-Grace Frazier Brady

1865-1948

Biography:

Grace A. Frazier was born in Camden, New York in 1865. Her father was a well-respected surgeon, Dr. Robert Frazier, and her mother was Theresa McConnell. Both parents were native New Yorkers. Grace was one of seven children. Her five sisters were Ellen, twins Florence and Frances, Carrie, and Kittie, and her one brother was named James. Sadly, he died at the age of 12 years, and it appears that both Carrie and Kittie also died quite young.

Grace did graduate from high school, but it is unclear if she attended college, though I suspect that she did. There is little indication of Grace's doings in her young adulthood, and she did not marry until 1898 when she was 33 years of age. Her physician father must have been pleased that she wed Dr. James P. Brady, a general practitioner who had emigrated from Canada in 1890. The couple had a son, John, in 1903 who appears as a two-year-old in the 1905 census. Sadly, he is not listed by the 1910 census, so he must have passed away as a young child. They were to have no more children.

By 1910 the Bradys were living at 397 Plymouth Ave in Rochester, NY, the city where Grace lived for the rest of her life. It was here that she wrote her poetry and had her little book, Picture Poems, self-published in 1920 when she was about 55.

Camden, NY today

Rochester, NY

Dr. Brady succumbed to cancer in 1927 at the age of 63, leaving Grace a widow. By 1930, Grace was living alone at 594 Magee Avenue in Rochester. The only additional detail I have uncovered about Grace is that she had a poem published in 1933 in a Rochester newspaper. She passed away in May of 1948, aged 83, at her Rochester home. She was survived by her niece, Helen Robson who was 63 and unmarried, daughter of her sister Frances. It must have been sad for Grace, having grown up in such a large brood, to have only her niece for family at the time of her death. She leaves us with her gentle verse to remember her by.

Picture Poems

(1920)

by Grace Frazier Brady

The Summer Sky

Easter Lilies

The clouds as white as snow drift by

The landscape of a summer sky.

Its mountains border on the lea

Where rivers wind unto the sea,

And there beside a shady nook,

A wood-nymph peers into the brook.

The background of soft azure hue

Is where the angels must come thro'.

How like the angels bright and fair

Who would from Earth dispel the sadness.

Are the lilies for they bow in prayer;

And while they blossom bright and fair,

They love at Easter-time to bear

The tidings filling us with gladness.

Oh, like the angels bright and fair,

They light the homes made dark by sadness.

Leaves

Jack Frost

With the coming of the swallow,

Blighted leaf-buds we may see;

Leaves when taken, rudely shaken

In their beauty from a tree.

Ah, how softly then recalling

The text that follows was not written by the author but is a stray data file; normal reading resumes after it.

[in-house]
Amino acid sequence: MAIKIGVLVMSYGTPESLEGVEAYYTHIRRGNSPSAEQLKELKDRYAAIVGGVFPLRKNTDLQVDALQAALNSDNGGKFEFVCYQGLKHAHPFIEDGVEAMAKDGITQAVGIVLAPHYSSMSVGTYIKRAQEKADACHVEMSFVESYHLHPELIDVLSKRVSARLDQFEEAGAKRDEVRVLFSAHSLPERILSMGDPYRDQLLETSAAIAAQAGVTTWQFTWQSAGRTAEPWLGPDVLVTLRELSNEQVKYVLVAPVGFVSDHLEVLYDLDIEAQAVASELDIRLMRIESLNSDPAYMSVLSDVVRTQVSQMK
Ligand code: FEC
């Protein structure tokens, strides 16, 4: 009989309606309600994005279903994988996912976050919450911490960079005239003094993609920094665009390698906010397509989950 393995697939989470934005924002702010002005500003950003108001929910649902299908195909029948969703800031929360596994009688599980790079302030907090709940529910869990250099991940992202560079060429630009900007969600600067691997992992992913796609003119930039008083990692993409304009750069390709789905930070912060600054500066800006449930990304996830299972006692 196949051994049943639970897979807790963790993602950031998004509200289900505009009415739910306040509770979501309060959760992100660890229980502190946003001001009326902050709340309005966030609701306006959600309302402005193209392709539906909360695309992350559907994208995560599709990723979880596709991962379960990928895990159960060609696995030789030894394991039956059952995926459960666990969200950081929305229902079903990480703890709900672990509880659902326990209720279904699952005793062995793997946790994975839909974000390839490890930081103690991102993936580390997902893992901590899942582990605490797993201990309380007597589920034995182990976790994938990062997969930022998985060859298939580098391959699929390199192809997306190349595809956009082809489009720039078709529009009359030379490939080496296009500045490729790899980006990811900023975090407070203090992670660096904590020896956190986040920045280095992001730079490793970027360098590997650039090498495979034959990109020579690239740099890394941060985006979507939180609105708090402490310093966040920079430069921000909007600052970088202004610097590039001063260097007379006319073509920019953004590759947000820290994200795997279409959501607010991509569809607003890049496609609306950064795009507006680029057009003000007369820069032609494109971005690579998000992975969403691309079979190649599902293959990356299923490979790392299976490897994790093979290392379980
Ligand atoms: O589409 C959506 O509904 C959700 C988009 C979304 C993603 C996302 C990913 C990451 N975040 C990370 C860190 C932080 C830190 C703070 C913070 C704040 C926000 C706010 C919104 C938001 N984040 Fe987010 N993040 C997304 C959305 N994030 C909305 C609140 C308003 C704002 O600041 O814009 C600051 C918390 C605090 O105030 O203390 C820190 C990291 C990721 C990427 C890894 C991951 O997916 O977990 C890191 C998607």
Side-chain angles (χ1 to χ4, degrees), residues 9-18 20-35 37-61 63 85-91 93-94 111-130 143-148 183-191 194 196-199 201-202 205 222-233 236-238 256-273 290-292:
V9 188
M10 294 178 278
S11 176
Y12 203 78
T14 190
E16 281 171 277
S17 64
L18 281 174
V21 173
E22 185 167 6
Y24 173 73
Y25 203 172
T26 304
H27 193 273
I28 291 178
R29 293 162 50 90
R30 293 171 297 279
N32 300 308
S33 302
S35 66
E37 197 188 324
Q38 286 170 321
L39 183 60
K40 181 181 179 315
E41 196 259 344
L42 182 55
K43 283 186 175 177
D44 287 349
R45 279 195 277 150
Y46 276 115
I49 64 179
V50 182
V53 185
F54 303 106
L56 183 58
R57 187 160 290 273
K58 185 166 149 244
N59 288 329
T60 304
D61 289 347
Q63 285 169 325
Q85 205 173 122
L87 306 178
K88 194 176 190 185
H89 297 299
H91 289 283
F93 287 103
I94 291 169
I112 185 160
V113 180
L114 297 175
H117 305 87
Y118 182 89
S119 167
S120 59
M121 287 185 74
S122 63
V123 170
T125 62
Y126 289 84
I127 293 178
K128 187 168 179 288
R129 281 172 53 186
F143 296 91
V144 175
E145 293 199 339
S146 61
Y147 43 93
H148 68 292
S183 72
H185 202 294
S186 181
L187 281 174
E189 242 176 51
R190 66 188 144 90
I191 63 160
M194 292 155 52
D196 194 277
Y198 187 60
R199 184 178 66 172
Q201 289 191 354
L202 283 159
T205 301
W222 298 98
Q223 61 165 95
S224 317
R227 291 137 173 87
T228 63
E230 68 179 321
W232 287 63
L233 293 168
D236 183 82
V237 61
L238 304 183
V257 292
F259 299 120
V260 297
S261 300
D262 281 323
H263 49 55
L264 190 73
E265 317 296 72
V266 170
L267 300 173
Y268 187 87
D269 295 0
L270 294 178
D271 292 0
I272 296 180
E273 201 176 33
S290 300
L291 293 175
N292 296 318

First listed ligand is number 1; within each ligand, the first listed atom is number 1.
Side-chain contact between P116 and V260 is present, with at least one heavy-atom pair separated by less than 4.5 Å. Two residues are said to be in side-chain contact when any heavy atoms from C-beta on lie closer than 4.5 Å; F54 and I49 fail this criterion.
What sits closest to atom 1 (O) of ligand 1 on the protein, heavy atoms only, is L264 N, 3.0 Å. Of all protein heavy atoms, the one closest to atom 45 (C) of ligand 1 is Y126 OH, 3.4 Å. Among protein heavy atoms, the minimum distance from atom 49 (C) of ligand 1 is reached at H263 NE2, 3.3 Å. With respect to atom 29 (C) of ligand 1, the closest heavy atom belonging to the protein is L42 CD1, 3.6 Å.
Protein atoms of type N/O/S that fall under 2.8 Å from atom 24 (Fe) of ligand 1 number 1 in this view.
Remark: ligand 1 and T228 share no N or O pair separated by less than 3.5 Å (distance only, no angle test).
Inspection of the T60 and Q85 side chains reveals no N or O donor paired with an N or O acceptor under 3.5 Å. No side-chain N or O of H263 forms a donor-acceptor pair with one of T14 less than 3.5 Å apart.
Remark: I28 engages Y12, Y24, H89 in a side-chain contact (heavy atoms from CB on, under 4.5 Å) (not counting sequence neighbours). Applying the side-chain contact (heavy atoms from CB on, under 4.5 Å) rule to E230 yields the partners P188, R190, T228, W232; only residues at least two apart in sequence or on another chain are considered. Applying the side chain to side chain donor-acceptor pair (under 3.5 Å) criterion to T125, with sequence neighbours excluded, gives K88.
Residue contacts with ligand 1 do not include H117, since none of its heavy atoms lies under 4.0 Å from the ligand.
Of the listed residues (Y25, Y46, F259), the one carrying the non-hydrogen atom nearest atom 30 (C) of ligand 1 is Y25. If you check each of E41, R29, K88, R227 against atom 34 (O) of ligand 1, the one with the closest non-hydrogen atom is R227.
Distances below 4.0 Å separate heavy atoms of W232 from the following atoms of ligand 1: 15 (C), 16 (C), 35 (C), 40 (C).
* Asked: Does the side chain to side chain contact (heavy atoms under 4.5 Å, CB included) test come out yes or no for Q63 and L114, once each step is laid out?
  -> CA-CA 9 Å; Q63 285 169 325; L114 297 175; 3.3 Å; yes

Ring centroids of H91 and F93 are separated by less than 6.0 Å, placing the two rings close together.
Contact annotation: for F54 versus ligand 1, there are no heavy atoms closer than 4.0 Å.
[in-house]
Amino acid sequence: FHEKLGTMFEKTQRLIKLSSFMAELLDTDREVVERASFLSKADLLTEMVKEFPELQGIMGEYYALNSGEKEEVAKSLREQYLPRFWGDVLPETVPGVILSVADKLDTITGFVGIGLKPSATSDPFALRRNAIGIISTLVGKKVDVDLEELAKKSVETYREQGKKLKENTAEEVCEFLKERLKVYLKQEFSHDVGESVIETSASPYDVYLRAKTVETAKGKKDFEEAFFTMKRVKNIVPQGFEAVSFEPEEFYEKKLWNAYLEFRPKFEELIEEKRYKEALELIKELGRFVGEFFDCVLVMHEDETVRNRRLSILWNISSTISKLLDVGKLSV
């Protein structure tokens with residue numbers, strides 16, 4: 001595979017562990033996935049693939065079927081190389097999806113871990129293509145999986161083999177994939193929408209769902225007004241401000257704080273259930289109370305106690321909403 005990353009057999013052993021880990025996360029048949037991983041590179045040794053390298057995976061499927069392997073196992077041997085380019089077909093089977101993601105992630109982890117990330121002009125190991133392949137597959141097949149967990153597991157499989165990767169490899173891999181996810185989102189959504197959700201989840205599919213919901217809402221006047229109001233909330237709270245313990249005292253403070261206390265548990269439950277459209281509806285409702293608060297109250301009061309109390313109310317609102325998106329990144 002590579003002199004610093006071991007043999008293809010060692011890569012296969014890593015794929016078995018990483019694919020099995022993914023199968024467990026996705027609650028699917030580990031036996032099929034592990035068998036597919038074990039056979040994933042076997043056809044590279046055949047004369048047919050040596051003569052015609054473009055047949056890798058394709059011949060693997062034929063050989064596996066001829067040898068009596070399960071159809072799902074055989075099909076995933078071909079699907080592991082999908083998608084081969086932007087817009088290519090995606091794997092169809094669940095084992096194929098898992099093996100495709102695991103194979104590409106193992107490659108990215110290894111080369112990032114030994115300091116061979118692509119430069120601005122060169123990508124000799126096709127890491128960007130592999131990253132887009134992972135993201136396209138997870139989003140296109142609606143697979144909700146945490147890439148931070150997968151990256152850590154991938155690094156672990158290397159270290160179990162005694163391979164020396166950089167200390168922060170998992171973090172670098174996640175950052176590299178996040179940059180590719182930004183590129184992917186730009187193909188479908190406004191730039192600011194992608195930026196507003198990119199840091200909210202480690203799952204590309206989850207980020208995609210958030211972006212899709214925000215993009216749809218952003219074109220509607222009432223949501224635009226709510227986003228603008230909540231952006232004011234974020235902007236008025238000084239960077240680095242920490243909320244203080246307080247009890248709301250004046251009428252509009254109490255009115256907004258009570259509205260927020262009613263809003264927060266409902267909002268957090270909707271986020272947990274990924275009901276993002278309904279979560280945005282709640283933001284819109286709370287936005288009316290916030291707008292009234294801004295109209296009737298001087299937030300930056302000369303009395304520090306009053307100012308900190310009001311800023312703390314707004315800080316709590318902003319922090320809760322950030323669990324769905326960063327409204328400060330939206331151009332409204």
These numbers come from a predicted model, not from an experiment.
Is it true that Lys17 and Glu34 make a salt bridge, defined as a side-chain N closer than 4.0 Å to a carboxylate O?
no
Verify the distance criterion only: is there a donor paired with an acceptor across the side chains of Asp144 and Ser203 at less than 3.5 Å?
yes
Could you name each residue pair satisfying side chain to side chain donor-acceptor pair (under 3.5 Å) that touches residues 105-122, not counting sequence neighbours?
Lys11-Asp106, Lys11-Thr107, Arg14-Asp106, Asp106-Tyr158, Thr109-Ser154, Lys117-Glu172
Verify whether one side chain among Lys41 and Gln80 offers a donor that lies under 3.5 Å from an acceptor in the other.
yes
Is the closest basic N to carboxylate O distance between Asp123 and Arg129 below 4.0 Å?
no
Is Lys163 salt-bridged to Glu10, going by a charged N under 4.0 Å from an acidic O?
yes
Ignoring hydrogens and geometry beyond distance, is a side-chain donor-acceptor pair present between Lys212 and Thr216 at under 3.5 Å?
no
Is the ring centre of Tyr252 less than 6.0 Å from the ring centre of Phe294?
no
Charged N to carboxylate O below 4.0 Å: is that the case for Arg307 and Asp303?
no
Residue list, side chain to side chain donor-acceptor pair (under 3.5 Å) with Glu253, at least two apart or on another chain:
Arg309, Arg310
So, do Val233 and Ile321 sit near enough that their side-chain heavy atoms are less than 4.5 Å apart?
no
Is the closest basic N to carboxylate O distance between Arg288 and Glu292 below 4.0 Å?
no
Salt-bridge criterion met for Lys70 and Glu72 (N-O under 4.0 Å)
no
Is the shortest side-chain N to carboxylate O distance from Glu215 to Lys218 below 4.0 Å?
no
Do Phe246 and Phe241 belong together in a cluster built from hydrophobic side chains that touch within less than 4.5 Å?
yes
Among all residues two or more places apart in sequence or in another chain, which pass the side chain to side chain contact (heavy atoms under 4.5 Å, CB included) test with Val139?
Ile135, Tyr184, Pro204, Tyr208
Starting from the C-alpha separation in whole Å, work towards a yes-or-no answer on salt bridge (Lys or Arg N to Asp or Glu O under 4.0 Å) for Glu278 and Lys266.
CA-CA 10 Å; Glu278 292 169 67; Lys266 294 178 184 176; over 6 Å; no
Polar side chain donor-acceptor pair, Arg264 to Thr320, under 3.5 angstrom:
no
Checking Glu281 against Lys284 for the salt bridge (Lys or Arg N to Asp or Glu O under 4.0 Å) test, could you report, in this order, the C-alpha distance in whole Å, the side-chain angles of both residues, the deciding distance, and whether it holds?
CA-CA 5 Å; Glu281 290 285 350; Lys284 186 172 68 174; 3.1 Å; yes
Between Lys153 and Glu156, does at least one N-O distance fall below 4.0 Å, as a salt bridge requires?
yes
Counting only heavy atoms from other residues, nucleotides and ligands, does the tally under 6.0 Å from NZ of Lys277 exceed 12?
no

To my mind the gentle spring.

Of beholding their unfolding,

While the birds began to sing.

Round about my ears the rustling,

Dried and brown ones now beseech

My attention, close attention

To the sermon that they preach!

Or they whisper in my pathway,

Tapping with a ghostly tread,

That remaining till the waning

Of the autumn, they are dead.

Jack Frost who spread his coat of white

Upon the ground again last night,

Is busy in our chestnut tree

Opening burrs for you and me.

But oh, I fear his breath may freeze

The winter-apples—we should seize

Upon them now—the cellar-bin

Is where they should be safely in!

Altho' Jack Frost for once is kind,

Let us be sure to bear in mind

That like some friends of whom we know,

He might turn out to be our foe!

The Gulls

A Dream

The gulls that spread so wide

Their wings on which to glide

Without a seeming care,

And dipping to the tide,

Like foam appear to ride,

Have joys I long to share.

But fate cannot well spare

The gulls with eyes that glare,

From weariness or woe,—

Alas, the fight in air

With warrior-birds that dare

Hostility to show!

Observing thus and so,

I come at length to know

That even birds on wing,

Where tides must ebb and flow

As seasons come and go,

Are often sorrowing.

The awak'ning season of the year

Is like an old, old song I hear,

For oh, it brings back days that seem

To have been nothing but a dream.

When we awake to newer life,

Perhaps the days of toil and strife

That we have known on earth will seem

To have been nothing but a dream.


The Dying Year

O, hear the wintry winds that blow—

The year is wearisomely ending!

And while you watch your hearth-fire's glow,

Content tho' wintry winds may blow,

So many suffer, well you know.

A helping hand you should be lending,

For bitter seem the winds that blow—

The year is wearisomely ending!

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